Medicare Decisions

The First Major Decisions 

If you are eligible for Medicare benefits, there are four major decisions you need to make, and the first 2 decisions can often be made in less than 30 seconds.  The first decision is – decide if you are ready to enroll in Medicare Part A & B. The second decision is -decide if you need to enroll in Part D, which is Prescription Drug Coverage. 

For many people, the first decision is easy.  They already know that they want Medicare benefits to begin as soon as possible, which is usually the first day of the month they turn 65 years old.  However, some who have health coverage through a group plan may not want to enroll in and begin paying for Part B. If you are not sure about if you are ready, then I suggest talking to a licensed sales agent who has experience with Medicare.  They can help you think through your options and the pros and cons of enrolling or delaying enrollment. 

The Second Major Decision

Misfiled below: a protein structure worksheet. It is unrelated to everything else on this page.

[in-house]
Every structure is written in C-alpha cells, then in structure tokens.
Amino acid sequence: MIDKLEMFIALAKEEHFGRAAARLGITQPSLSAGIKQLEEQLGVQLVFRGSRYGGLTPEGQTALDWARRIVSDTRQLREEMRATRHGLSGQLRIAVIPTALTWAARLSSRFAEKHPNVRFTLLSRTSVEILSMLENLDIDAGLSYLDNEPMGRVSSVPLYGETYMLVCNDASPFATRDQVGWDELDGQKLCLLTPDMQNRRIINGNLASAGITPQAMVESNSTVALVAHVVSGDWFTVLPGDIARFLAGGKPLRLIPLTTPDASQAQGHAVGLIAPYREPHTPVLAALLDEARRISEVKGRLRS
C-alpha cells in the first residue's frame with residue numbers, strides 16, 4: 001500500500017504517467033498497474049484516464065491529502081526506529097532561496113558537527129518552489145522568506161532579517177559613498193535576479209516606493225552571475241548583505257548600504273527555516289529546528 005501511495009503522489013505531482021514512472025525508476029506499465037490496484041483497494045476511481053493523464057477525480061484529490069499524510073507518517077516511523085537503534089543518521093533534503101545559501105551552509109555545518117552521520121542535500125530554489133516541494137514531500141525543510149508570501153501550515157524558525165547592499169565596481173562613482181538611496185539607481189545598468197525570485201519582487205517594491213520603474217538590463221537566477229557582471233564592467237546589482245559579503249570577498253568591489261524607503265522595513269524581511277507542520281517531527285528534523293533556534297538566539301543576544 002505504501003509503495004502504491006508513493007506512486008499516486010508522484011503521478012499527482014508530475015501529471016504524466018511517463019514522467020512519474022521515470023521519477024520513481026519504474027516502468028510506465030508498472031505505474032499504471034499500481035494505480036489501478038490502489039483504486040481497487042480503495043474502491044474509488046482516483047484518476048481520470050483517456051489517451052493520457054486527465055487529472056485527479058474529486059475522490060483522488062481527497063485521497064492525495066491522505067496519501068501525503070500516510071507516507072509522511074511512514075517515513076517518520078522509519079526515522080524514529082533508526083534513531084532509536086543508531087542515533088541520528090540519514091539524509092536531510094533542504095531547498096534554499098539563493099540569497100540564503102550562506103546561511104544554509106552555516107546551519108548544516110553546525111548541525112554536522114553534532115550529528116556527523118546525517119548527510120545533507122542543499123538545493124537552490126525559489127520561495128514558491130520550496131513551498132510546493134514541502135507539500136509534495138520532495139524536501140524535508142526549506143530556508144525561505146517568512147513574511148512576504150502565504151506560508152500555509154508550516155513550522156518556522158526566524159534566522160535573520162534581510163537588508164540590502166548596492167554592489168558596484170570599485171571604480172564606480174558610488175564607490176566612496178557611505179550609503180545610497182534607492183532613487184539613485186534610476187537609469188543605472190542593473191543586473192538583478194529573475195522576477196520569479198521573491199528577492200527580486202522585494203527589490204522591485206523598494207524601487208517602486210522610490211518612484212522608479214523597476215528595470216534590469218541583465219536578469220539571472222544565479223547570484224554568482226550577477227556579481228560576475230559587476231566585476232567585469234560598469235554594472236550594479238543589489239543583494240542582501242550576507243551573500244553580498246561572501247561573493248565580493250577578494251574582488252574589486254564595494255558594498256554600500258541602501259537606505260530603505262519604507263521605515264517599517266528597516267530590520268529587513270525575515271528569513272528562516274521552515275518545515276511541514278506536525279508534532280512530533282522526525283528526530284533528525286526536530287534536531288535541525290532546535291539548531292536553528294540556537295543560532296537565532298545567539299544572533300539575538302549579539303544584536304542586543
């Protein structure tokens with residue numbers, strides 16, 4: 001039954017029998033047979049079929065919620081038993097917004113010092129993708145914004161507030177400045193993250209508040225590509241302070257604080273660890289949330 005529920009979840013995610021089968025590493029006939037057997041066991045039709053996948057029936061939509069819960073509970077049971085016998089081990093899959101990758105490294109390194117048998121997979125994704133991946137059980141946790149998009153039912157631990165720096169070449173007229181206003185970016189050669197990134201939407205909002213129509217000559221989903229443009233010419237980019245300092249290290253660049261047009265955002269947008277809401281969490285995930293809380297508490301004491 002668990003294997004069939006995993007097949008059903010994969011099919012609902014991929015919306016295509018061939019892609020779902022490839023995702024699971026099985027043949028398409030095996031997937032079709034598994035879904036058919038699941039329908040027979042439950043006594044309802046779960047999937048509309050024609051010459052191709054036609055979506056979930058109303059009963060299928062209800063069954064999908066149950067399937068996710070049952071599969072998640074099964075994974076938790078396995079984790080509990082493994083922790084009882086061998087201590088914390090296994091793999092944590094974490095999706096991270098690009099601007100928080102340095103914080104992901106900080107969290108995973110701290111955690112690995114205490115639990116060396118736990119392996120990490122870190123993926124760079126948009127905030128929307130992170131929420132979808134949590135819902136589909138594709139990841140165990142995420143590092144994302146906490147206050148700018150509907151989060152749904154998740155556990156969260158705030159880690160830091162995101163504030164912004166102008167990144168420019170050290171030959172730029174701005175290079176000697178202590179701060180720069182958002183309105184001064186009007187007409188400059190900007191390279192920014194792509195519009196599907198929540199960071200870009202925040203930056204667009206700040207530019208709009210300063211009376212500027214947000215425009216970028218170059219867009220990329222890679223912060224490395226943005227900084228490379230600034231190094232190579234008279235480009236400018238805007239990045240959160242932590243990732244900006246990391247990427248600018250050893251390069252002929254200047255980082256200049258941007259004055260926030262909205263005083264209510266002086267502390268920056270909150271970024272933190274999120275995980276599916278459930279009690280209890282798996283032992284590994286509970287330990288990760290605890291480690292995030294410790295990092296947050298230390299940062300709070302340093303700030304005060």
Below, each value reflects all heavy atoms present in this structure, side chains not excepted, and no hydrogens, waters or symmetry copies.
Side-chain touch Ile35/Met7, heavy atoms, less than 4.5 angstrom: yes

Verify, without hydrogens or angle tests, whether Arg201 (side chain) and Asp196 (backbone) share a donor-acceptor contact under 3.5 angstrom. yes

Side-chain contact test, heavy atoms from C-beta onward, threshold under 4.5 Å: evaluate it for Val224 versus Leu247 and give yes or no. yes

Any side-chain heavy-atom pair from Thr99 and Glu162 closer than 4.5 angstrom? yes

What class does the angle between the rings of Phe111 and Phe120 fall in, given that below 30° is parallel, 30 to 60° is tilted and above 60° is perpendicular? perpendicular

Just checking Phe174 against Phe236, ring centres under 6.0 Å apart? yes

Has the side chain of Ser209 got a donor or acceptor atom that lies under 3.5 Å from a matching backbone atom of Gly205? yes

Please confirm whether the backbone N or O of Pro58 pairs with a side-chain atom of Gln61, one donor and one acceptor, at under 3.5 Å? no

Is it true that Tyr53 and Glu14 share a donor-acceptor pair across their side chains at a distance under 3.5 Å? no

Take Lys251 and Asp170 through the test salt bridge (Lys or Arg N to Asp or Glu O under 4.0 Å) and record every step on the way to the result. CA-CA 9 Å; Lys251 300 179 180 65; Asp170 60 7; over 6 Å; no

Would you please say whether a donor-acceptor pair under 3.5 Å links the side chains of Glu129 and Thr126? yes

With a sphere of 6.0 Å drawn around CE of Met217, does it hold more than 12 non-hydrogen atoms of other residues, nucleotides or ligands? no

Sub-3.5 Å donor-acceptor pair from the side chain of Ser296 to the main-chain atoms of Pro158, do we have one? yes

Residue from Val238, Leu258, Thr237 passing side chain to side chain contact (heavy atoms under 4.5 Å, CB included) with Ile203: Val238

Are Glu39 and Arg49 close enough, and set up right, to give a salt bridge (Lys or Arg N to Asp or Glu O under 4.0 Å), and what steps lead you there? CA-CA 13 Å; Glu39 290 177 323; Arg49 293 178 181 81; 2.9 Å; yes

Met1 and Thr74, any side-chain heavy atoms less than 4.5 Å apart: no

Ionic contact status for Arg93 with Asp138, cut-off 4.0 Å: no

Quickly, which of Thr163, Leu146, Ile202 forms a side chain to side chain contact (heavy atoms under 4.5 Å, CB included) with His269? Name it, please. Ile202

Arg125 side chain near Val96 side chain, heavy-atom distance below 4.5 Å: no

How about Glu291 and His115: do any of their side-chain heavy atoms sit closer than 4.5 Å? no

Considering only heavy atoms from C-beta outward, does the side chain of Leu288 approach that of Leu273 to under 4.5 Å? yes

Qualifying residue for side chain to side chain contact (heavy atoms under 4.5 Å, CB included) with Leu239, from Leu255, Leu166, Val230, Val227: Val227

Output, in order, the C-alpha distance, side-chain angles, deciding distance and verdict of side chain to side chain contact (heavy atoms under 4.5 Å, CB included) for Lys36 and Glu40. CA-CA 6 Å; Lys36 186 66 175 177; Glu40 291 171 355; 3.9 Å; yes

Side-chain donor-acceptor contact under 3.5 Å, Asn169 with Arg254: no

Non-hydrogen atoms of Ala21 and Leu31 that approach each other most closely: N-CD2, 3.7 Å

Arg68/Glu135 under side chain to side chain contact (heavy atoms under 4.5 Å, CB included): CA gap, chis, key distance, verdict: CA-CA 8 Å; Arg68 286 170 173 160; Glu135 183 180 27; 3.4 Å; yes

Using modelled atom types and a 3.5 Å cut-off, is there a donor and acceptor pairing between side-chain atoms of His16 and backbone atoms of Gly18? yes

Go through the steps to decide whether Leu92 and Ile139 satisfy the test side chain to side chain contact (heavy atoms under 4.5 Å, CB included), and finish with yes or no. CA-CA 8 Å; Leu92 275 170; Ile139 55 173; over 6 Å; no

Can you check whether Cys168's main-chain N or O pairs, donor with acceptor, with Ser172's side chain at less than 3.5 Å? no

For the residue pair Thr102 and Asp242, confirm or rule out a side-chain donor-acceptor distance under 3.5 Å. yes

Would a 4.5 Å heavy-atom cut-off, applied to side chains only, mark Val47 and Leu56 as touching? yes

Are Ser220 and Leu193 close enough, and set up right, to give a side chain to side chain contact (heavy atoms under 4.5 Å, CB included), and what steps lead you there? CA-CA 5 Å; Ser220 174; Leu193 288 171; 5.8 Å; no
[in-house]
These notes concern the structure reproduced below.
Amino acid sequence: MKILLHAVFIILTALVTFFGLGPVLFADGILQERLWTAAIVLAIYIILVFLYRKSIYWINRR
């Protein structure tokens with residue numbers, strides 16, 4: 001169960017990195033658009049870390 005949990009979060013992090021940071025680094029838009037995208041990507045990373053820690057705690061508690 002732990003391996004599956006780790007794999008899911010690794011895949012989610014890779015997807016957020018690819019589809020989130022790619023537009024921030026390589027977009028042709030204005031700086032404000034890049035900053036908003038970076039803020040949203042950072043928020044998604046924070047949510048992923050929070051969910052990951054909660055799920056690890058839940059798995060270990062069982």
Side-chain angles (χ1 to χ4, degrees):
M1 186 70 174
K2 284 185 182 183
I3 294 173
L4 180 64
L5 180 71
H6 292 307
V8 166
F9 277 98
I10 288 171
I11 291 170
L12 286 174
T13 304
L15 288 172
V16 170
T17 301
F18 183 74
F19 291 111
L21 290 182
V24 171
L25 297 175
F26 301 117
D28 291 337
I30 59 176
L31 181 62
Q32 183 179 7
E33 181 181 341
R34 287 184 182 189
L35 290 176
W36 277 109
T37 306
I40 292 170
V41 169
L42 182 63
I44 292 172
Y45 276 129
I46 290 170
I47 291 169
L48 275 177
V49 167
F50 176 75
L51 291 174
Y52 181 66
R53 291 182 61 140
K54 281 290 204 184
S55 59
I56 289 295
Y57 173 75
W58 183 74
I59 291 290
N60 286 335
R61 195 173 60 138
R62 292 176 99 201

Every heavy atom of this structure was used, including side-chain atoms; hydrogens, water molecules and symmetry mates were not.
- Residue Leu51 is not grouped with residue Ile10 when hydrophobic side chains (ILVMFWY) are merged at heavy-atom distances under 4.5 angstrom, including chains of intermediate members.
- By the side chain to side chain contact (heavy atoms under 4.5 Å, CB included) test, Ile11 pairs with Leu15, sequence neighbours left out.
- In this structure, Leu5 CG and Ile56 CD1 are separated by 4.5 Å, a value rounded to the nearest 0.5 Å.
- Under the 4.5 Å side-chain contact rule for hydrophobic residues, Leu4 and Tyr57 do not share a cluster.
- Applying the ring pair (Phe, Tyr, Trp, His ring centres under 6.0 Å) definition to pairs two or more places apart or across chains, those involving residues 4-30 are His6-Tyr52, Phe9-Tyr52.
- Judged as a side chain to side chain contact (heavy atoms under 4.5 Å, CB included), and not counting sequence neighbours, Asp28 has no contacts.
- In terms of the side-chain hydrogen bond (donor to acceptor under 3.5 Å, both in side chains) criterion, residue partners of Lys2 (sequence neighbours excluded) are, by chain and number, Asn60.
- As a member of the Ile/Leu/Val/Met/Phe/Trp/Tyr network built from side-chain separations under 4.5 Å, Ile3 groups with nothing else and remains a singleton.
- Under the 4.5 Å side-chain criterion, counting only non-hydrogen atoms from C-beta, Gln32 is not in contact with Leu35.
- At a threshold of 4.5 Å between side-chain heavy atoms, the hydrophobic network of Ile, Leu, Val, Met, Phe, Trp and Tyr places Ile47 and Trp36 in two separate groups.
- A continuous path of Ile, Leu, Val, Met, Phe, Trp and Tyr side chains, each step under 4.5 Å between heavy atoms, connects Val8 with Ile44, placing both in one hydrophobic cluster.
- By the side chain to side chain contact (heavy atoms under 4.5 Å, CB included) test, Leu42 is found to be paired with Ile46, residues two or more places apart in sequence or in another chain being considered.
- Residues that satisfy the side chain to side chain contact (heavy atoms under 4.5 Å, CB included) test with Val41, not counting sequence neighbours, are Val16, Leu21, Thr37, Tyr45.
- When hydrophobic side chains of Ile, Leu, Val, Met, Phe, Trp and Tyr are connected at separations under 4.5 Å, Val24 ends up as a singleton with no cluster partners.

The second decision is equally easy for many people, but in two possible ways.  They either know they need prescription drug coverage so enrolling in Part D as soon as possible is a no-brainer, or they know they do NOT want it, so enrollment is not pursued. The first consideration should be, “Do I already have some form of Credible Coverage for prescription drugs?”  If you do not, then you should be aware of the potential late-enrollment penalties that may come about later if you do not enroll in Part D when you are first eligible to do so.  If you have Credible Coverage for prescription drugs, then you may conclude that enrollment in Part D is not necessary.  I encourage you not to assume anything about your coverage; you should verify if your drug coverage is considered “Credible” for Medicare purpose.  Again, the point here is to avoid late-enrollment penalties, or at least be aware of them.